Following up a recommendation, I ordered and am now reading Michael Massing's Fatal Discord: Erasmus, Luther, and the Fight for the Western Mind (Harper, 2018). I am only about 25% through it, so this is not a book review. But a couple of matters are worth reporting on.
First, this is a wonderfully told story of the early 16th century. Michael Massing (so far) is telling the twin biographical stories of Erasmus and Luther, via alternating chapters. A nifty way of keeping this reader's attention. But along the way, Massing is not afraid to head down some profitable sidetracks as he explains this or that development in philosophy or theology or gives us a biography in miniature of a relevant character in the plots of church history.
A few nights ago I was reading about Reuchlin, a man I had not heard of, who single-handedly turned German biblical scholarship towards the importance generally of the Old Testament and in particular the importance of learning Hebrew, all in the face of immense vitriol towards the Jews.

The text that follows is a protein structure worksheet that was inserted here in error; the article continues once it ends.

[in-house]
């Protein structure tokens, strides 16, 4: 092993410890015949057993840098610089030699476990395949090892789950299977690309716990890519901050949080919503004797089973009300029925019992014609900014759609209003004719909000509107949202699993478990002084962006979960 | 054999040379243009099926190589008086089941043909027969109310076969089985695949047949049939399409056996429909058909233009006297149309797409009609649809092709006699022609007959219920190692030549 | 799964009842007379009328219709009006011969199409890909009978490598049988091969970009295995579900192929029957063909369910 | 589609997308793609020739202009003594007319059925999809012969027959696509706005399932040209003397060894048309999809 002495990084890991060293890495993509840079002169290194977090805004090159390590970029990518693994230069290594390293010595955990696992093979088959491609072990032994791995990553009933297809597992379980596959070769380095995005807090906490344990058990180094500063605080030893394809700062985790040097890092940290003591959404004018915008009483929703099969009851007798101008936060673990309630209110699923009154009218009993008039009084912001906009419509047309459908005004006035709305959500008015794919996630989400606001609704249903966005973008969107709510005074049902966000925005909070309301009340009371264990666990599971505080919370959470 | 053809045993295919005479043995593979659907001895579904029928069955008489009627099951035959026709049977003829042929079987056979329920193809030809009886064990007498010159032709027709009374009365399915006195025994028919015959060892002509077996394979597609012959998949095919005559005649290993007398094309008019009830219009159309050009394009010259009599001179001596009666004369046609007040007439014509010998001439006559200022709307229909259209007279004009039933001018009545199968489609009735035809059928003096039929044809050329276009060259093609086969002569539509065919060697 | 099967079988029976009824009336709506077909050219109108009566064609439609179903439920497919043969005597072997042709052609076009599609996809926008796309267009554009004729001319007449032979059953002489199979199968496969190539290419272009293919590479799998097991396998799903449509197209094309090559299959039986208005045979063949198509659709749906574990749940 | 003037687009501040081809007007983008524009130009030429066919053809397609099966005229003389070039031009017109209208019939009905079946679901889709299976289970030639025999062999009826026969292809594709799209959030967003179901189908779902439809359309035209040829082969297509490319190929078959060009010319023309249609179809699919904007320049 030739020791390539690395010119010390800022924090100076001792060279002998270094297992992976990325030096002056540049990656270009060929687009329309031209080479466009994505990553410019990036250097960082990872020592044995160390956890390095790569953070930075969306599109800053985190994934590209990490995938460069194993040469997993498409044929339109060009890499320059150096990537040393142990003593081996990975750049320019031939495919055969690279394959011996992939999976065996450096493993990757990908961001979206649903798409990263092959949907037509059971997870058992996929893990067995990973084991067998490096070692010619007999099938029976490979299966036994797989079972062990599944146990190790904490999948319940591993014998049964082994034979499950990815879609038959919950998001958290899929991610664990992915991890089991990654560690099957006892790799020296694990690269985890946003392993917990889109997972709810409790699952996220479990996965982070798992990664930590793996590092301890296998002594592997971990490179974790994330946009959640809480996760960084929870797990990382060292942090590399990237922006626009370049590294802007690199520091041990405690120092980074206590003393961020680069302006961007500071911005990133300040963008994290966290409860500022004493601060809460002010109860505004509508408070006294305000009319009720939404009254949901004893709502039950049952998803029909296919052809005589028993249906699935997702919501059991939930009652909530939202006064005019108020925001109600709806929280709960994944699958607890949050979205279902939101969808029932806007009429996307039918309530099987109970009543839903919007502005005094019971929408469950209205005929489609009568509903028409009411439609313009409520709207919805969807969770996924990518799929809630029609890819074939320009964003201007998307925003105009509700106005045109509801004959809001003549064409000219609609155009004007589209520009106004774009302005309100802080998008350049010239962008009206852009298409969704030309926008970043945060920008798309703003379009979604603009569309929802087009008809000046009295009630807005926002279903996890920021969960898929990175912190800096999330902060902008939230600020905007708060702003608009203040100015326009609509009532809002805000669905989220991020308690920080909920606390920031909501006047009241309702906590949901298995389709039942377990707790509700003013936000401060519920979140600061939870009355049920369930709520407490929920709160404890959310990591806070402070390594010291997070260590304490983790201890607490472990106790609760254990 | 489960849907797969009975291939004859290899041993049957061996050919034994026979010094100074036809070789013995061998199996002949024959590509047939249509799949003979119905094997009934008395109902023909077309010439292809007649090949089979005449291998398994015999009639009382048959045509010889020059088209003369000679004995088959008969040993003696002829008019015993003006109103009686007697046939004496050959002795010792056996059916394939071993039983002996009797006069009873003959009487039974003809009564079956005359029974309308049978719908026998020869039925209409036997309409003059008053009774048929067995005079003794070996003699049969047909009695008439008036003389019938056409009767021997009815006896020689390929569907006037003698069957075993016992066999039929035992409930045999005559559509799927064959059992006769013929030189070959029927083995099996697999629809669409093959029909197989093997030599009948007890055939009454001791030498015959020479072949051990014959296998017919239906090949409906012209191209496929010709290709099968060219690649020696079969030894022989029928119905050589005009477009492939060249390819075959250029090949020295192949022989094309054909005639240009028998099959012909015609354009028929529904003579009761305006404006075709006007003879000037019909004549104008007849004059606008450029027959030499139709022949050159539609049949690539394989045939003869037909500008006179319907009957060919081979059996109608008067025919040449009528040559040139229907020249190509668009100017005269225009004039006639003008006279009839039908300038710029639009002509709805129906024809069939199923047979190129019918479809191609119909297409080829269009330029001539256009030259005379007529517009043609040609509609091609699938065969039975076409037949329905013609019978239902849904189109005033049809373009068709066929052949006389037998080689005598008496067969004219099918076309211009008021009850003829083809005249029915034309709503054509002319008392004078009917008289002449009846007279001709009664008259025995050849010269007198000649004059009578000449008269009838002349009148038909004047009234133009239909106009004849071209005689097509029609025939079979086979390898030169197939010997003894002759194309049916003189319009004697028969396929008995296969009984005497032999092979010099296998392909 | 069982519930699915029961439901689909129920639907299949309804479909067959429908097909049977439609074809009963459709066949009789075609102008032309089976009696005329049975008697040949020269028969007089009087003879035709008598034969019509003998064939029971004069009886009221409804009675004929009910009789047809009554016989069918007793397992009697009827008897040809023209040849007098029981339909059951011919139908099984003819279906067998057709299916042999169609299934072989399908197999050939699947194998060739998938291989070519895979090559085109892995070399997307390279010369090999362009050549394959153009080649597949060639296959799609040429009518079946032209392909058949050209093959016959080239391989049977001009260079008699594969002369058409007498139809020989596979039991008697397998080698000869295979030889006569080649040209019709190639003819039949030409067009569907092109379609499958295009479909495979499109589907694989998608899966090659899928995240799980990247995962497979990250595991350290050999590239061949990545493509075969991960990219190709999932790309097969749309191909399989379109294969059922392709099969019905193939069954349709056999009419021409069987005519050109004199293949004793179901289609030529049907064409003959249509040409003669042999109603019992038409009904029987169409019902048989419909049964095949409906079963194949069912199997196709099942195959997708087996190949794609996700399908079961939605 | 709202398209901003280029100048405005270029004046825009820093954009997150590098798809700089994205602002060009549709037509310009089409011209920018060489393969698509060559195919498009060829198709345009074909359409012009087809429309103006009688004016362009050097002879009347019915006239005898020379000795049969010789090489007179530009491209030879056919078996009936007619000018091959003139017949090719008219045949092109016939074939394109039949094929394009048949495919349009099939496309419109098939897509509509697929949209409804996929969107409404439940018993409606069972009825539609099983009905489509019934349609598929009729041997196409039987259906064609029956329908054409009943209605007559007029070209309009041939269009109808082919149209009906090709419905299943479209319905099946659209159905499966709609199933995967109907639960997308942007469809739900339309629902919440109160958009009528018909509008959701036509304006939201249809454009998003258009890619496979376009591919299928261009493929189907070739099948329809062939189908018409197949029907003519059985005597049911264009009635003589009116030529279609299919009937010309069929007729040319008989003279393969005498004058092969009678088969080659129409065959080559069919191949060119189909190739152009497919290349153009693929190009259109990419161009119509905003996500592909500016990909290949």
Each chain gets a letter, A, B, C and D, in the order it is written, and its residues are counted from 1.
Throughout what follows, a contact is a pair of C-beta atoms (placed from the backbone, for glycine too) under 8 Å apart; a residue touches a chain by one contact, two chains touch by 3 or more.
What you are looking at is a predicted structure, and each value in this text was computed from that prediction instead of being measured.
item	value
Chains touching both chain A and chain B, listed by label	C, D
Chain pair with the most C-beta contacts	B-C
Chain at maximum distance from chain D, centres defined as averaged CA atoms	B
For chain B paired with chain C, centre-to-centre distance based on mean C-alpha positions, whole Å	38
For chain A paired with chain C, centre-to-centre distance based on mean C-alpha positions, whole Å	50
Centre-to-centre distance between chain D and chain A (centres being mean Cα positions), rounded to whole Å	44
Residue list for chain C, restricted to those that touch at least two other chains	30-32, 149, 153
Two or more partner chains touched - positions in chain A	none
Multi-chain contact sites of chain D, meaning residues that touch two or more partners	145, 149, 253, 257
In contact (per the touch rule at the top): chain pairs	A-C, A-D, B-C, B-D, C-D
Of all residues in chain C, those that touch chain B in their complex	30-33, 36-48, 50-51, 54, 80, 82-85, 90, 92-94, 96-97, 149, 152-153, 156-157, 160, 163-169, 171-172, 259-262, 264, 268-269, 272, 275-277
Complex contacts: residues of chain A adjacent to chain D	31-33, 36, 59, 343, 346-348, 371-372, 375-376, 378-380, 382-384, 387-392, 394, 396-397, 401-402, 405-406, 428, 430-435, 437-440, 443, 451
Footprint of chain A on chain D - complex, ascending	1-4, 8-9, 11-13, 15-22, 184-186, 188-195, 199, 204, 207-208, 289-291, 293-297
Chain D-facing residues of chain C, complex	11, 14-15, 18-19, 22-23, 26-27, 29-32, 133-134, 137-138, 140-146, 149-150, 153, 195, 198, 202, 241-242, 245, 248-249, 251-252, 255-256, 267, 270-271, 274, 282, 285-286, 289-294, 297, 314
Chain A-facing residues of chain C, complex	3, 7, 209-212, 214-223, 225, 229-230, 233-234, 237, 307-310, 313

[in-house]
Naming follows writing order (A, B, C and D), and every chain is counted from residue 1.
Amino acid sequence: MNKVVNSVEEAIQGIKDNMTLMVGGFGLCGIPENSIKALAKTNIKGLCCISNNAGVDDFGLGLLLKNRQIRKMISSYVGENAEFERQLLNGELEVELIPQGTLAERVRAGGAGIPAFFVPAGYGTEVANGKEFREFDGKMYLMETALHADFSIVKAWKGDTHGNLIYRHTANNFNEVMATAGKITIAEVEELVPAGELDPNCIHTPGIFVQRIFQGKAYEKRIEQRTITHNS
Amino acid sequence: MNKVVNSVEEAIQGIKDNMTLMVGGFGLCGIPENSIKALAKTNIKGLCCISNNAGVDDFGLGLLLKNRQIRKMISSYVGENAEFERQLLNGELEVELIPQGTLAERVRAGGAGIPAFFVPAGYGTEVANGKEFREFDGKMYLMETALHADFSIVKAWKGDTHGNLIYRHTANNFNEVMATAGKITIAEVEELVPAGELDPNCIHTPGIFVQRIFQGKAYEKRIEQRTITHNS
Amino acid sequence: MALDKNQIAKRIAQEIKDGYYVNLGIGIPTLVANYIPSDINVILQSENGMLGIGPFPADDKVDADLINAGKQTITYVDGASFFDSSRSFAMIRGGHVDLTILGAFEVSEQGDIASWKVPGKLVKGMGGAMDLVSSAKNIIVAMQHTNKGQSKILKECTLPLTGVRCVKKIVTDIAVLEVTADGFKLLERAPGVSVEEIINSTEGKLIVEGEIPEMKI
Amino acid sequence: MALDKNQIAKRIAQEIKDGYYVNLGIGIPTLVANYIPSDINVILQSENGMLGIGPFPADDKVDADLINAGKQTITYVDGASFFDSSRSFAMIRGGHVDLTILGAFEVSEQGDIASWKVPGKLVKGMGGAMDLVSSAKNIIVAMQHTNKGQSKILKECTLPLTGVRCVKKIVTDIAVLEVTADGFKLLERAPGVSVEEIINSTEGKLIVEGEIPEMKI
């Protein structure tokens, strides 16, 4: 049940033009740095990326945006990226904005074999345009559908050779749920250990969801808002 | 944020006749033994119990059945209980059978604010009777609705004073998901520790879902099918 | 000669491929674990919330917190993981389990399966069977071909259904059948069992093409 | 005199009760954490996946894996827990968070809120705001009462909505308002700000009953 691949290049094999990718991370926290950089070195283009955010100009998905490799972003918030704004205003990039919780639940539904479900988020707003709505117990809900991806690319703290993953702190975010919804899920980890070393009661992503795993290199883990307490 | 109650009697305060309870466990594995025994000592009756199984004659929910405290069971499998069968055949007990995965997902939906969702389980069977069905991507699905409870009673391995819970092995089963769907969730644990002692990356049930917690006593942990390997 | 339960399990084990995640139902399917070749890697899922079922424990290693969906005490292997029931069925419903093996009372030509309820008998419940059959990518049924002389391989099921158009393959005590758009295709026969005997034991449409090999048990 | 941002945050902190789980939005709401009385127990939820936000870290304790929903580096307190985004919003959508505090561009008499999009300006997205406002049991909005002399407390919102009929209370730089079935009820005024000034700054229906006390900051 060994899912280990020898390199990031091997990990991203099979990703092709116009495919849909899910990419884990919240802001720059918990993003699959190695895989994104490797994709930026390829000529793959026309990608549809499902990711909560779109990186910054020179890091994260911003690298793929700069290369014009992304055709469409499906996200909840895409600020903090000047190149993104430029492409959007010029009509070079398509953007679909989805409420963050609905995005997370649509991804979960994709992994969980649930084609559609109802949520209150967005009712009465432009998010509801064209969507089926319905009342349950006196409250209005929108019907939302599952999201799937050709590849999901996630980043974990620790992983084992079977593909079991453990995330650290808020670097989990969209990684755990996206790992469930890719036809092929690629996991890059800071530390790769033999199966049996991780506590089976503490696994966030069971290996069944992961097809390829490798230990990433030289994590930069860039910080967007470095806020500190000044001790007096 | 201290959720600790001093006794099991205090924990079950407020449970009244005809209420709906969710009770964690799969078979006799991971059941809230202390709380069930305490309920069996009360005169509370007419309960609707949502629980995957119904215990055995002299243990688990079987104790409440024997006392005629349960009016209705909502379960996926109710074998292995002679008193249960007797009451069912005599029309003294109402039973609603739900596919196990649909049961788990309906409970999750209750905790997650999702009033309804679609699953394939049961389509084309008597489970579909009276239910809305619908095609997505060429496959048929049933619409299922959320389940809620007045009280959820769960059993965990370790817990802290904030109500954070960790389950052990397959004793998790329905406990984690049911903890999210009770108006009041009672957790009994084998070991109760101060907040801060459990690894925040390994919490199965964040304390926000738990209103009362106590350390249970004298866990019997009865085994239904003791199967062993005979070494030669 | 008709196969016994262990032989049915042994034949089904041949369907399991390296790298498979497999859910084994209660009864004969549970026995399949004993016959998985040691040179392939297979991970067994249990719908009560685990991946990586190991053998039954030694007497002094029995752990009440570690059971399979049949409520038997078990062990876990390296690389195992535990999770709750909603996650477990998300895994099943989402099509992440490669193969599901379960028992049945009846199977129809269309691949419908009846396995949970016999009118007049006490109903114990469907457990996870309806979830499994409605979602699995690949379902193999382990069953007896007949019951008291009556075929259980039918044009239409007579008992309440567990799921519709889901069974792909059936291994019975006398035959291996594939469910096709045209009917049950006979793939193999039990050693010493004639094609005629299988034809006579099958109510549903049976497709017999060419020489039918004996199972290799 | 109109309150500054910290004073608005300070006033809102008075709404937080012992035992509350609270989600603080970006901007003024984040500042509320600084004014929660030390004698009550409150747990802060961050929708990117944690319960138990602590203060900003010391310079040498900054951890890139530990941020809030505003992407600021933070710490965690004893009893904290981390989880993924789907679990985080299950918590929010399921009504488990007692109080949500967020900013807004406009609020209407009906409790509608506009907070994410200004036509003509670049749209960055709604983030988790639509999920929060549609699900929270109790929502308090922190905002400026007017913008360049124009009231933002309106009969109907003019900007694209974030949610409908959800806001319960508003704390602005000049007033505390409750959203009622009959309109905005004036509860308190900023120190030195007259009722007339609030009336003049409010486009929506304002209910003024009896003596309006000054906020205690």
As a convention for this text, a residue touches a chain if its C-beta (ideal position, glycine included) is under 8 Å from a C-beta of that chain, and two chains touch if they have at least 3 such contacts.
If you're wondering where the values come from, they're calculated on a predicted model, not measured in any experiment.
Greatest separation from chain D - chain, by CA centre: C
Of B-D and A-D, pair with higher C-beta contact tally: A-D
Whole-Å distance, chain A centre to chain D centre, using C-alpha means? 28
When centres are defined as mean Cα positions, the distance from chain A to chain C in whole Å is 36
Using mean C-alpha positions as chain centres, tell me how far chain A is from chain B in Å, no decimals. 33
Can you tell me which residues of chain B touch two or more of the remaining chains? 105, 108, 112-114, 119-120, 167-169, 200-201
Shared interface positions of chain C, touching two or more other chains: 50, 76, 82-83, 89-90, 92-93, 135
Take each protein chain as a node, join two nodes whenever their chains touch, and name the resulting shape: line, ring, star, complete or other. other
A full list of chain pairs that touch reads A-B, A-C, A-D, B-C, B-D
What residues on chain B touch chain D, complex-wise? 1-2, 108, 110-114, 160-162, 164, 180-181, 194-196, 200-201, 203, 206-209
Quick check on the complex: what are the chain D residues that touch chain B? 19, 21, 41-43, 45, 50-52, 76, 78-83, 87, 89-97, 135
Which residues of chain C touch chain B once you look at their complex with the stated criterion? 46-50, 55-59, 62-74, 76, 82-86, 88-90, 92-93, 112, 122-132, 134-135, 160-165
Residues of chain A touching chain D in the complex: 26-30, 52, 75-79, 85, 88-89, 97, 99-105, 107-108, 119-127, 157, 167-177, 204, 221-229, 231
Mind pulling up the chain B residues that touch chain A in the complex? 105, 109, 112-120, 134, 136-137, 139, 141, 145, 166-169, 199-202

It is that vitriol that I especially want to report today. I knew well - having studied Luther when at Knox Theological Hall - that Luther was a factory spewing filth when it came to his excoriation of the Jews. What I was less aware of was how much he was a man of his times, unfortunately, when we read statements by other church leaders and theologians. Further, Jews were being expelled from various cities in (what we now call) Germany, and in some cases even slaughtered. There were confiscations of Jewish books. My reaction reading about these kinds of things in this first quarter of the book is that the Holocaust of the 20th century had a deep, longstanding reservoir of hatred and bigotry to draw on. Was it a case of "when" and not "if" that reservoir would spill over into the terrible events experienced in 1933-45?
Finally, Massing writes so well that it is a pleasure to read him - a few pages each night not only advances my knowledge but also assists me to sleep better!